Tuesday 29 September 1998
Euphemisms for the new millennium seem, predictably enough, to revolve around politics, footie and showbiz. Chris Lee's "Flatulence" for "an excessive display of dancing, especially Irish" was especially popular in this office. He also suggests that "having your bottom Feltz" should describe drastic liposuction, which ties in nicely with Duncan Bull's simple but comely "Vanessa" for a wide-screen TV. The normal machine is, naturally, a Vorderman.
Len Clarke delves the murky world of media with "Cigar: something 6in long which covers 30 million acres of newsprint". A Monica, according to Michael Gifford, is a naive young woman who swallows anything her boss puts forward, and a Clinton 3-star an apology that becomes increasingly insincere as your situation becomes more precarious. An Archer, according to Paul Turner, is the constant repetition of a single plot (as relevant to politics as to literature), Clarksonitis, a virulent affliction often detected in small boys, and a Heath, one who mistakes old age for wisdom (cf, on the American speaking circuit, Thatcher). Norman Foster, meanwhile, suggests Dome (to sink large amounts of money into useless projects), Mandy (to interfere, control) and Mandate (the time when that interference started, presumably some time in May last year).
Most references to Paul Gascoigne have been eliminated, as they are hardly modern. The exception is Bruce Birchall's wonderful "Sheryl in Peril": a woman who stays with a man who uses her as a punchbag. He wins a dictionary for that, and for "Massage Parlour", a government statistics department dealing with the unemployment figures, as do Chris Lee and Michael Gifford.
This week: The Lottery Show had been thought to have plumbed unfathomable depths, but Saturdays have attained a new low with the launch of Cilla Black's new game show, The Moment of Truth, in which families compete for white goods by mastering skills such as handbell-ringing and building houses of cards. Formats, please, for more prime-time gameshows, including some if not all of theme, rules (if any), props and sets (remember: maximum advertising appeal with minimum budget spend is essential), necessary contestant traits and suggestions for a host to front the whole shebang.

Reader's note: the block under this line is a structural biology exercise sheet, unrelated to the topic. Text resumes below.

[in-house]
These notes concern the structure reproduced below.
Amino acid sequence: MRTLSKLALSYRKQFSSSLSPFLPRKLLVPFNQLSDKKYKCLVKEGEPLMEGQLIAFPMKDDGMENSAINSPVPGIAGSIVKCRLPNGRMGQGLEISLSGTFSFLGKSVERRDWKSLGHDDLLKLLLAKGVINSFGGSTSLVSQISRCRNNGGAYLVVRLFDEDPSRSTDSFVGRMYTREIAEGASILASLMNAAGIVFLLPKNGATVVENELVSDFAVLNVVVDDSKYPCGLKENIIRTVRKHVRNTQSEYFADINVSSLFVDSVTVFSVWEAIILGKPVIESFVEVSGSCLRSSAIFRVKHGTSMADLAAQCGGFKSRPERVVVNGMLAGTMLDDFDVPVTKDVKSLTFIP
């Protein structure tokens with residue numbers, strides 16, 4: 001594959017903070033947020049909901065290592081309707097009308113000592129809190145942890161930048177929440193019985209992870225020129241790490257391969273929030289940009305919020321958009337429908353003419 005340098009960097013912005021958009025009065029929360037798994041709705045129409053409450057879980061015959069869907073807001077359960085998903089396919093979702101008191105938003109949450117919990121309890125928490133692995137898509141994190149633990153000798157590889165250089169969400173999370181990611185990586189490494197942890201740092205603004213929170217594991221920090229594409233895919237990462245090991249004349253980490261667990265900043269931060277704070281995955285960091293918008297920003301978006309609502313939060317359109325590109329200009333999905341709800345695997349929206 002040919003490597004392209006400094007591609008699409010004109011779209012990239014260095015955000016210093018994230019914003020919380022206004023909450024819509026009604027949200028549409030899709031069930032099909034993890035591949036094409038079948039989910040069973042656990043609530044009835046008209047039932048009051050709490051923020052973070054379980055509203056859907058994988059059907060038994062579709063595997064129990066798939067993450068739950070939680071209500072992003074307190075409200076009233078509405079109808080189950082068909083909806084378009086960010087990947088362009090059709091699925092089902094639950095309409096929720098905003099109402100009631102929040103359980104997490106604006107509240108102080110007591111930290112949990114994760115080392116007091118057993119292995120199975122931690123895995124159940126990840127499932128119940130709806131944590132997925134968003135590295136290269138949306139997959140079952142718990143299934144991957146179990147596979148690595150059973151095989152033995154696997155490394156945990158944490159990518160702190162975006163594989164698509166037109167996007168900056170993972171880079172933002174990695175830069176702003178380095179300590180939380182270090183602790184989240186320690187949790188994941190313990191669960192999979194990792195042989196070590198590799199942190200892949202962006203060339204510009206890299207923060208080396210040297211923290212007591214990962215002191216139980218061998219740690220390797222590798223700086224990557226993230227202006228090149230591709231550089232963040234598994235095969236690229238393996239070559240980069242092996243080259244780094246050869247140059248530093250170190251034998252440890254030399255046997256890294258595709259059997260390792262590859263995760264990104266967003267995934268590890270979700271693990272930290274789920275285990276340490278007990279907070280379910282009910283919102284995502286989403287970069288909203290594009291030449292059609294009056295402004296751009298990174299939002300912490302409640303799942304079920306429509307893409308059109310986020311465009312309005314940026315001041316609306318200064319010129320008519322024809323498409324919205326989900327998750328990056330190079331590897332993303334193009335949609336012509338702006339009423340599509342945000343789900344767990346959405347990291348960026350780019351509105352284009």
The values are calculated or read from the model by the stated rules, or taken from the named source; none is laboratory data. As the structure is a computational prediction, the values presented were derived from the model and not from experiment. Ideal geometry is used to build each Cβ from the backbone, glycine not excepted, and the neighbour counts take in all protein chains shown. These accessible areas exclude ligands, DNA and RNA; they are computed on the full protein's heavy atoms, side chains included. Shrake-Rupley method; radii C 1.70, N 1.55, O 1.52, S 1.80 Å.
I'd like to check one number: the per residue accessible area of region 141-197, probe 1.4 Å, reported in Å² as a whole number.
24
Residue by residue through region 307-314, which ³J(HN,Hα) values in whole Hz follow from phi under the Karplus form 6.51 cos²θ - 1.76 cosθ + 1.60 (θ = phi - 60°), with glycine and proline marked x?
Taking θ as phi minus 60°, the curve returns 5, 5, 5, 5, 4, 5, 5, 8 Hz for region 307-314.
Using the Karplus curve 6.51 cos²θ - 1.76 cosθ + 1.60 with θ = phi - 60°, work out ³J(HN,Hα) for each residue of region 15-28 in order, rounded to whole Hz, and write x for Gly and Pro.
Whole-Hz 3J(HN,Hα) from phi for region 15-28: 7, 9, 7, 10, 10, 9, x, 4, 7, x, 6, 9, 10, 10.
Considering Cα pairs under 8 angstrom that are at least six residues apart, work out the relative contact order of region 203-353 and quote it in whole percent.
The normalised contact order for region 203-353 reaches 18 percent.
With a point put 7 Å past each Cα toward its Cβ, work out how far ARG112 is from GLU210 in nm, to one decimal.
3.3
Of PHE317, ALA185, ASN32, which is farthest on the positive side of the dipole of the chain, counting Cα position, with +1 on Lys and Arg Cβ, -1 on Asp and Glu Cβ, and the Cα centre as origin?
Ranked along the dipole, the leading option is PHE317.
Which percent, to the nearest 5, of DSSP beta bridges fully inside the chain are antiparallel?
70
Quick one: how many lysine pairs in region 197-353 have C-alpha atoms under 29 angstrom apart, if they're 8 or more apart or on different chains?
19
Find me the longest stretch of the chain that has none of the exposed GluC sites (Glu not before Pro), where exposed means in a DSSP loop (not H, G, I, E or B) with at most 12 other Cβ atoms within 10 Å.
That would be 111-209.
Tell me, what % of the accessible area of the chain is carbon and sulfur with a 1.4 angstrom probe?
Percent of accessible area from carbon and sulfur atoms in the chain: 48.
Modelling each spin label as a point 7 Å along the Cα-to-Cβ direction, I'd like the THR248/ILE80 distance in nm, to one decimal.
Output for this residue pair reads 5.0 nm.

Write to Creativity, The Independent, Features, 18th Floor, 1 Canada Square, Canary Wharf, London E14 5DL. The top two, or three, depending on whether anyone has won one for suggesting the week's theme, will win a copy of the Chambers Dictionary. Results two weeks from today.
Music Why this music festival is still the place to spot the next big thing
Film review Michael Glatze biopic isn't about a self-hating gay man gone straight
Arts & Ents blogs
- 1 Finland schools: Subjects scrapped and replaced with 'topics' as country reforms its education system
- 2 The West has it totally wrong on Lee Kuan Yew
- 3 #FreeTheNipple: Women in Iceland bare breasts in solidarity with trolled student
- 4 Scientists have discovered a simple way to cook rice that dramatically cuts the calories
- 5 Zayn Malik quits One Direction: Hundreds of workers request compassionate leave following band member's exit
Jeremy Clarkson to host BBC's Have I Got News For You despite Top Gear exit
Kay Burley 'bias' against Ed Miliband prompts 130 complaints to Ofcom
A historian gave the most British look of despair when someone screwed up Richard III's birthday at his reburial
Zayn Malik already working on solo material, just days after quitting One Direction
Fifty Shades of Grey movie shows first sex scene 'after 40 minutes'
Nigel Farage brands LGBT activists 'filth' and 'scum' and accuses them of scaring away his children after they invade his local pub
Ukip supporters are 55 or older, white and socially conservative, finds British Social Attitudes Report
JK Rowling responds to fan tweeting she 'can't see' Dumbledore being gay
Russia threatens Denmark with nuclear weapons if it tries to join Nato defence shield
Jeremy Clarkson sacked live: Alan Yentob 'wouldn't rule out' ex Top Gear host's BBC return
Germanwings plane crash live: Co-pilot Andreas Lubitz wanted to 'do something people would remember him for'